Trouble in Paradise
Slowly but surely, an effort is brewing to recall Supervisor Yamaguchi
It looks like Supervisor Kim Yamaguchi, the cocksure supervisor from Paradise, is facing a bit of an insurrection.
Magalia resident John Cecil acknowledged Monday that he plans to file paperwork at the County Clerk’s Office next week, kick-starting a recall of the freshman supervisor from Paradise. Until he filed the papers and gathered the necessary 20 signatures needed to start the process, Cecil said, he wanted to play his cards close to his chest. However, he said that there are several “very involved, very motivated” people on the Ridge who are ready to whip up support for the effort.
“We’ll have an official announcement next week,” Cecil said. “That’s all I’d like to say right now.”
That’s all he really had to say to confirm weeks of rumors of a recall effort of Yamaguchi. Since Superior Court Judge Roger Gilbert ruled against his redistricting Plan 5 on Dec. 6, rumors have abounded of his imminent recall.
The plan infuriated thousands of Butte County voters last summer and fall, when Yamaguchi (along with Supervisors Bob Beeler and Curt Josiassen) pushed a lawsuit over the plan against County Clerk Candace Grubbs all the way to court, against the advice of the county’s lawyer—and against the will of almost 12,000 voters who signed petitions for a referendum of the plan.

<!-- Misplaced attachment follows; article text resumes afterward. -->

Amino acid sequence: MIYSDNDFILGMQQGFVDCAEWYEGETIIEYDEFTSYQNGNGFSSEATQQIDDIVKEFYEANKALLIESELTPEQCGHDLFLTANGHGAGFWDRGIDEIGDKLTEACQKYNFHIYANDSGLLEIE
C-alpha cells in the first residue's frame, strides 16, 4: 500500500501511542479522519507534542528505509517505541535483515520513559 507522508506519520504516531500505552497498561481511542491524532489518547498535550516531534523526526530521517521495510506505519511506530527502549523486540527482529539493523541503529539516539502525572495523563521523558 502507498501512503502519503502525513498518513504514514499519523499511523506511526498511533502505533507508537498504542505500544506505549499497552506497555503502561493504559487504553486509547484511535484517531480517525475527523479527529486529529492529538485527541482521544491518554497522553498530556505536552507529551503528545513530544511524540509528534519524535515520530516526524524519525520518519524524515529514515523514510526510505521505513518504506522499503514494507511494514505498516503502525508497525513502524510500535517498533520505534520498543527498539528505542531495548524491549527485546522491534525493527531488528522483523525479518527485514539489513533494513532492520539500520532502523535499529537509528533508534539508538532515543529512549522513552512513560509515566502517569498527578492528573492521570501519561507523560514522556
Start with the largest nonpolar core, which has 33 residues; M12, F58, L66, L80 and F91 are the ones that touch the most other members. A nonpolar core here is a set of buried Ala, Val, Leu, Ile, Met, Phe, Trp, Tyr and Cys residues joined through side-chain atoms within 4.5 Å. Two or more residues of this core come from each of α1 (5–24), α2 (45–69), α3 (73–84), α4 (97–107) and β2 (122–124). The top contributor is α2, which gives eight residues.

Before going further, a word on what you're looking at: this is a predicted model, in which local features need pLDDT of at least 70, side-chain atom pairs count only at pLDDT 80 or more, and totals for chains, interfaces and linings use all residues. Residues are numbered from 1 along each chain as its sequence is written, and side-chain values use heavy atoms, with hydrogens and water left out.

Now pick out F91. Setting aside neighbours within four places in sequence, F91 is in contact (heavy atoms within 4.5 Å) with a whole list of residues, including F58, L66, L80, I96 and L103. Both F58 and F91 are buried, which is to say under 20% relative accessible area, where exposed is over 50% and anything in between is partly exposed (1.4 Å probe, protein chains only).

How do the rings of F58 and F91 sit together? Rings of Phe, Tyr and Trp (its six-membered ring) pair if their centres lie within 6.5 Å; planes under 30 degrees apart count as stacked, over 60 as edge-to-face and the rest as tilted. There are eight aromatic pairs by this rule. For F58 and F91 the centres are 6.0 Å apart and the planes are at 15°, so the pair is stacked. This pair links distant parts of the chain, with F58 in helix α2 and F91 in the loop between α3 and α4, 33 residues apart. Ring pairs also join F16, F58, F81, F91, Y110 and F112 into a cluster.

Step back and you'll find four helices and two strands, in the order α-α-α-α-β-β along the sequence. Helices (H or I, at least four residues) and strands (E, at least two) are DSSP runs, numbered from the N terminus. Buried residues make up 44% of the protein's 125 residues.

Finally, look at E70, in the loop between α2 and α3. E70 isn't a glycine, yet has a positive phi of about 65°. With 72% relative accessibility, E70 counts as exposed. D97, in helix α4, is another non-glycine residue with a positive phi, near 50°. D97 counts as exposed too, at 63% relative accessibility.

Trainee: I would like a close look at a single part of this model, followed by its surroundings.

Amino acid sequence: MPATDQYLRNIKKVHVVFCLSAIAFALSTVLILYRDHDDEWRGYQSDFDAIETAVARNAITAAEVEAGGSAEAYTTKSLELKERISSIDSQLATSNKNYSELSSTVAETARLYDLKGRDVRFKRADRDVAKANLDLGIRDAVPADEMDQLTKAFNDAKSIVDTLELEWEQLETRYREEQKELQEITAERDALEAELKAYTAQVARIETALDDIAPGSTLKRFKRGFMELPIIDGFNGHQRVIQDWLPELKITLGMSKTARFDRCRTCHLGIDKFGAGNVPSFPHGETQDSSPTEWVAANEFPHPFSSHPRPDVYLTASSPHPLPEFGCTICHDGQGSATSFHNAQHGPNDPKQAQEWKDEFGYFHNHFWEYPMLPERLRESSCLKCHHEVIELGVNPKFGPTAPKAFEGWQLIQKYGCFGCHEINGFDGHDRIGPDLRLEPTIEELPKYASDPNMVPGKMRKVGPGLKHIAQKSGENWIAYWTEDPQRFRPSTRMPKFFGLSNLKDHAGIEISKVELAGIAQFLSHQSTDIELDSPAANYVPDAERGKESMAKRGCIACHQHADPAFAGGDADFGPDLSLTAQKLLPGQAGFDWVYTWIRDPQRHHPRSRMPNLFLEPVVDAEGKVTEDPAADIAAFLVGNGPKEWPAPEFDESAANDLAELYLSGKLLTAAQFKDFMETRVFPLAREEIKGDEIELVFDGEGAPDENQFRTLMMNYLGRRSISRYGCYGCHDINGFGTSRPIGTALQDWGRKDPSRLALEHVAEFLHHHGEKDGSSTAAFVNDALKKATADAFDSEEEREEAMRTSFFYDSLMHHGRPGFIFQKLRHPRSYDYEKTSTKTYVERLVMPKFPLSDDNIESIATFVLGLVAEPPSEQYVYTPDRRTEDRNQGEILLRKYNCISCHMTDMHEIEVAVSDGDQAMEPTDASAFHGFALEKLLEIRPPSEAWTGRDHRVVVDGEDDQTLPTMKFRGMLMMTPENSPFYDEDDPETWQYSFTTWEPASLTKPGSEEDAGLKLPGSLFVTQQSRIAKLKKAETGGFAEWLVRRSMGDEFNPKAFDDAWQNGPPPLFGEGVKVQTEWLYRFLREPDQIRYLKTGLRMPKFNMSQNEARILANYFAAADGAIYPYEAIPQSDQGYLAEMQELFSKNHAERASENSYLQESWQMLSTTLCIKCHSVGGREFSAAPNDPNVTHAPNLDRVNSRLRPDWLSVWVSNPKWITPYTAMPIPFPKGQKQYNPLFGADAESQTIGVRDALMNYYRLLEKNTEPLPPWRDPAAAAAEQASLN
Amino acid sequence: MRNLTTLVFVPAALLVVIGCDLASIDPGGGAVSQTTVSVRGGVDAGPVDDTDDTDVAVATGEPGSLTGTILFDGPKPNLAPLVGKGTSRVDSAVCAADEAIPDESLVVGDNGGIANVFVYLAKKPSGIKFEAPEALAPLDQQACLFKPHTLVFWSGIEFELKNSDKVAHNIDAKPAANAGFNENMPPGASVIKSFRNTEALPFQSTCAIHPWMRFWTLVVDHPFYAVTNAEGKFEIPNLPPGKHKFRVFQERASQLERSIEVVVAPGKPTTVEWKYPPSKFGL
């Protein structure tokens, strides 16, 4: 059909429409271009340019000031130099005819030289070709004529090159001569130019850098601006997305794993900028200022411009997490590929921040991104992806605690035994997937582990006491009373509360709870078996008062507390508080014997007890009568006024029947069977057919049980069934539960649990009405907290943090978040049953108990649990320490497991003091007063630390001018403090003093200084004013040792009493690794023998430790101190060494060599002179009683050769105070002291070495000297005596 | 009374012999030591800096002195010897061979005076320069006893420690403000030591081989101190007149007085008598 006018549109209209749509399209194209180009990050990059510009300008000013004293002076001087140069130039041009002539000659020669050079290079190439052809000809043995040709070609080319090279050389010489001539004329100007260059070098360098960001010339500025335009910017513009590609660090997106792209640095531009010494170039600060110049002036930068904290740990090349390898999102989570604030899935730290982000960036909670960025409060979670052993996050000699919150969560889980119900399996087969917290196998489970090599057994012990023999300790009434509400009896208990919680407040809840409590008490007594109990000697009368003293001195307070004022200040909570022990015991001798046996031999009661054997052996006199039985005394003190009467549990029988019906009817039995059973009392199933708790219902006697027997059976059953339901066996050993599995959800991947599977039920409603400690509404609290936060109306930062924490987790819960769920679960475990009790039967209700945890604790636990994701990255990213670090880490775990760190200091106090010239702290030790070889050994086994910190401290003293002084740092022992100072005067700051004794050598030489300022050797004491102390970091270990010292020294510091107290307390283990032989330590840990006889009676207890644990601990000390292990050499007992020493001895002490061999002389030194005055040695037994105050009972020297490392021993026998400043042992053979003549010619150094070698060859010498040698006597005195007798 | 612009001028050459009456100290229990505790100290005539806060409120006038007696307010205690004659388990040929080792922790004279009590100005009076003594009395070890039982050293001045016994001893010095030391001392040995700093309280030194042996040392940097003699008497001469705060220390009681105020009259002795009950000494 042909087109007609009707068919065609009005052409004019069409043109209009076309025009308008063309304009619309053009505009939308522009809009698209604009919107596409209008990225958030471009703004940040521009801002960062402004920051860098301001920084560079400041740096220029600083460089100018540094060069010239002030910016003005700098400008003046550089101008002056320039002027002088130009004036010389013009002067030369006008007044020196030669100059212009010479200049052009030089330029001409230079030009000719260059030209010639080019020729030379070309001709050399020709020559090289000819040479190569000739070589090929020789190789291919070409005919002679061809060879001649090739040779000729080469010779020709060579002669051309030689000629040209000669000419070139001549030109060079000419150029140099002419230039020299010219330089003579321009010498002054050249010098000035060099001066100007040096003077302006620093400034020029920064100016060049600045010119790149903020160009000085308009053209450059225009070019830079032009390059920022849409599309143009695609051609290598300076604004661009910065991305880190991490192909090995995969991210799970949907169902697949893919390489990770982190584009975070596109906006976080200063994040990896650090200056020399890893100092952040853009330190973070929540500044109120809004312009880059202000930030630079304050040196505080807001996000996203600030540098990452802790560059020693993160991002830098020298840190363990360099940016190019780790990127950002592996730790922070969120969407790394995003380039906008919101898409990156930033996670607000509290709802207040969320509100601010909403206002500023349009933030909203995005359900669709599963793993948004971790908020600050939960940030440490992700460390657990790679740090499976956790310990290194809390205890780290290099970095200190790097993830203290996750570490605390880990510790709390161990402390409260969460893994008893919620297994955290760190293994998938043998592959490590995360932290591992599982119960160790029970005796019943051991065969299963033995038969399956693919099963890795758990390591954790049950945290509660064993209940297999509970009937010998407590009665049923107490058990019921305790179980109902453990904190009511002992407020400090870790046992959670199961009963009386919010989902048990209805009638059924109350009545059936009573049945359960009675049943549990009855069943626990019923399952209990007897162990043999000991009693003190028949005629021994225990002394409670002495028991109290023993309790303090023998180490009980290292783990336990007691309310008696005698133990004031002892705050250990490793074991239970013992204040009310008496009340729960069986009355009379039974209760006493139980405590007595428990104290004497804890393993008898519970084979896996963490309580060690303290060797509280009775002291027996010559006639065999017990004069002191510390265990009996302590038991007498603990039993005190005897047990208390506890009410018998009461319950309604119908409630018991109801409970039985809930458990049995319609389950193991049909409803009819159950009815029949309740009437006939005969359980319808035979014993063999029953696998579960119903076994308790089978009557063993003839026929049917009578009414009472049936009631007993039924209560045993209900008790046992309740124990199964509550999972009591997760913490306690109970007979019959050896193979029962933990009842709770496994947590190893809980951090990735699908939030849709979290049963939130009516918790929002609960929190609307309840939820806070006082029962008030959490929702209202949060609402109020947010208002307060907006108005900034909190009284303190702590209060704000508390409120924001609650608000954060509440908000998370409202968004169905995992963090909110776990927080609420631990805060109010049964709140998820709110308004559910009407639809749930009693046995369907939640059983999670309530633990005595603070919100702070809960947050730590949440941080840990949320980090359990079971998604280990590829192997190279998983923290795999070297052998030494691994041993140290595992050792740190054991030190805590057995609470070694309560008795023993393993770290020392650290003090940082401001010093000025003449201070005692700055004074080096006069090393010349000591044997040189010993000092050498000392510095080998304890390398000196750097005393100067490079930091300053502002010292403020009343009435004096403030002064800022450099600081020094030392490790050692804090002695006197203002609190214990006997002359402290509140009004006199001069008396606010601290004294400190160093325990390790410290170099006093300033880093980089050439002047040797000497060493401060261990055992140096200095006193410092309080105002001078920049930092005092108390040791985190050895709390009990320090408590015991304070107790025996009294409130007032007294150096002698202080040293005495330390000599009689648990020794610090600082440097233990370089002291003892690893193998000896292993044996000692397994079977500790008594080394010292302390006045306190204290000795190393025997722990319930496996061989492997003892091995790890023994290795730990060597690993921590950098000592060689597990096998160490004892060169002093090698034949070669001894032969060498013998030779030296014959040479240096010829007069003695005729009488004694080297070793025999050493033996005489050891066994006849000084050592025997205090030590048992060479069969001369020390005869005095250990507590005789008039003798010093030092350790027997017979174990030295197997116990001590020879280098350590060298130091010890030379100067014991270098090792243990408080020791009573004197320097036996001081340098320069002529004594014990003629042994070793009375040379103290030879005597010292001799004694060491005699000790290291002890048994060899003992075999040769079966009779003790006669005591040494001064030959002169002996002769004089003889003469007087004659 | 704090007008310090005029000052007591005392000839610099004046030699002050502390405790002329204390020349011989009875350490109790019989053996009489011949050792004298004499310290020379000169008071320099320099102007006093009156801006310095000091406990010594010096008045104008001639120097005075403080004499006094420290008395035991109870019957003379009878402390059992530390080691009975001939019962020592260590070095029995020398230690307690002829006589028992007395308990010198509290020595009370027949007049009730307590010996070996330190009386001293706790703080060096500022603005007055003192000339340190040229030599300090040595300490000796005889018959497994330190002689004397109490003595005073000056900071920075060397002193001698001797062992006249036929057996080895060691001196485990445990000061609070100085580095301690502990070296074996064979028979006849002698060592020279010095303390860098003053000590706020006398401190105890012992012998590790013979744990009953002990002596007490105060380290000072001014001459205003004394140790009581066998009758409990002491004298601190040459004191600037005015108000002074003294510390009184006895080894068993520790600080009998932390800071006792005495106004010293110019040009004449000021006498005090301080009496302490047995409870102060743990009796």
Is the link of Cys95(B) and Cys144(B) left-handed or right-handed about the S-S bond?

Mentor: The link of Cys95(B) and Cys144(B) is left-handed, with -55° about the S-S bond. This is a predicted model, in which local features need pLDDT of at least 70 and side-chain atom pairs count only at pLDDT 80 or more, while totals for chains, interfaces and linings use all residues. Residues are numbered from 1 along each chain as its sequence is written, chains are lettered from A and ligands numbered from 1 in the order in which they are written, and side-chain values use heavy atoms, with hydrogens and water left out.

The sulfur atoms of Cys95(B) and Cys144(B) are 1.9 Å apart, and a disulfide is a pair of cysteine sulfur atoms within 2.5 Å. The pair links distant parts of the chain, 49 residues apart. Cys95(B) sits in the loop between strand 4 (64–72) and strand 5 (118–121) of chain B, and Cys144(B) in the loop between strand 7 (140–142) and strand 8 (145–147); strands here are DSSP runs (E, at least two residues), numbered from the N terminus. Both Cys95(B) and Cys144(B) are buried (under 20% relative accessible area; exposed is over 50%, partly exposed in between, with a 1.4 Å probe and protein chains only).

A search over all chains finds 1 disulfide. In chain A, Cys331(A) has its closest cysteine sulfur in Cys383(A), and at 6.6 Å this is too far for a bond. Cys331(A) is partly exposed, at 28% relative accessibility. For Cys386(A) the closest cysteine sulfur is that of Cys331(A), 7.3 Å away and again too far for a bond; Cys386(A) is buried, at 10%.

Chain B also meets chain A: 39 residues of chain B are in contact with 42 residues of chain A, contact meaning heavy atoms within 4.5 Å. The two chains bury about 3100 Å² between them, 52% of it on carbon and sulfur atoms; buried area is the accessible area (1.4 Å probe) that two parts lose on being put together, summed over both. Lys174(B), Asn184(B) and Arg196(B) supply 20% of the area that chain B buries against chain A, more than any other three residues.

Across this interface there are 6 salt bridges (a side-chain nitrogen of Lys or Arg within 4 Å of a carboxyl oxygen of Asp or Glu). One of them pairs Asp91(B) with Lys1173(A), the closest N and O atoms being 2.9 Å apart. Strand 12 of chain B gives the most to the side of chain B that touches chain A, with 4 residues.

The Plan 5 effort failed in court last month, and voters will have a chance to vote on the plan March 5, but the attempt will cost county taxpayers thousands of dollars in legal bills. The cost is still being added up.
While it’s clear that there will be a recall effort of Yamaguchi this month, what’s not clear is exactly who’s leading it. Paradise Irrigation District Director Rick Hall, who ran against Yamaguchi but lost in the primaries, said he’s been hearing about the effort “through the grapevine” but denied that he’s spearheading it.
“It puts me in a awkward position,” he said. “I don’t want it to look like sour grapes or something … but I hear things.”
Cecil said that he’s already been talking to a replacement for Yamaguchi (the process requires that voters choose whether to recall a sitting politician and install a replacement at the same time), but he wouldn’t say who it is.
“These are things that will come out in time,” he said.
Grubbs confirmed that her office had handed out five or six recall packets since early December. The recall process is relatively simple: Those spearheading it have to file an intent to circulate petitions, give official notice of the to the politician being recalled, gather 20 signatures to place the recall on the ballot, and have a replacement ready to take office if it’s successful.
This recall effort is a bit of a slap in the face to Yamaguchi. He’s managed to infuriate many of the leaders in his own party over his redistricting coup—mostly for making the Republican Party look bad.
And he’s been in office only since November 2000.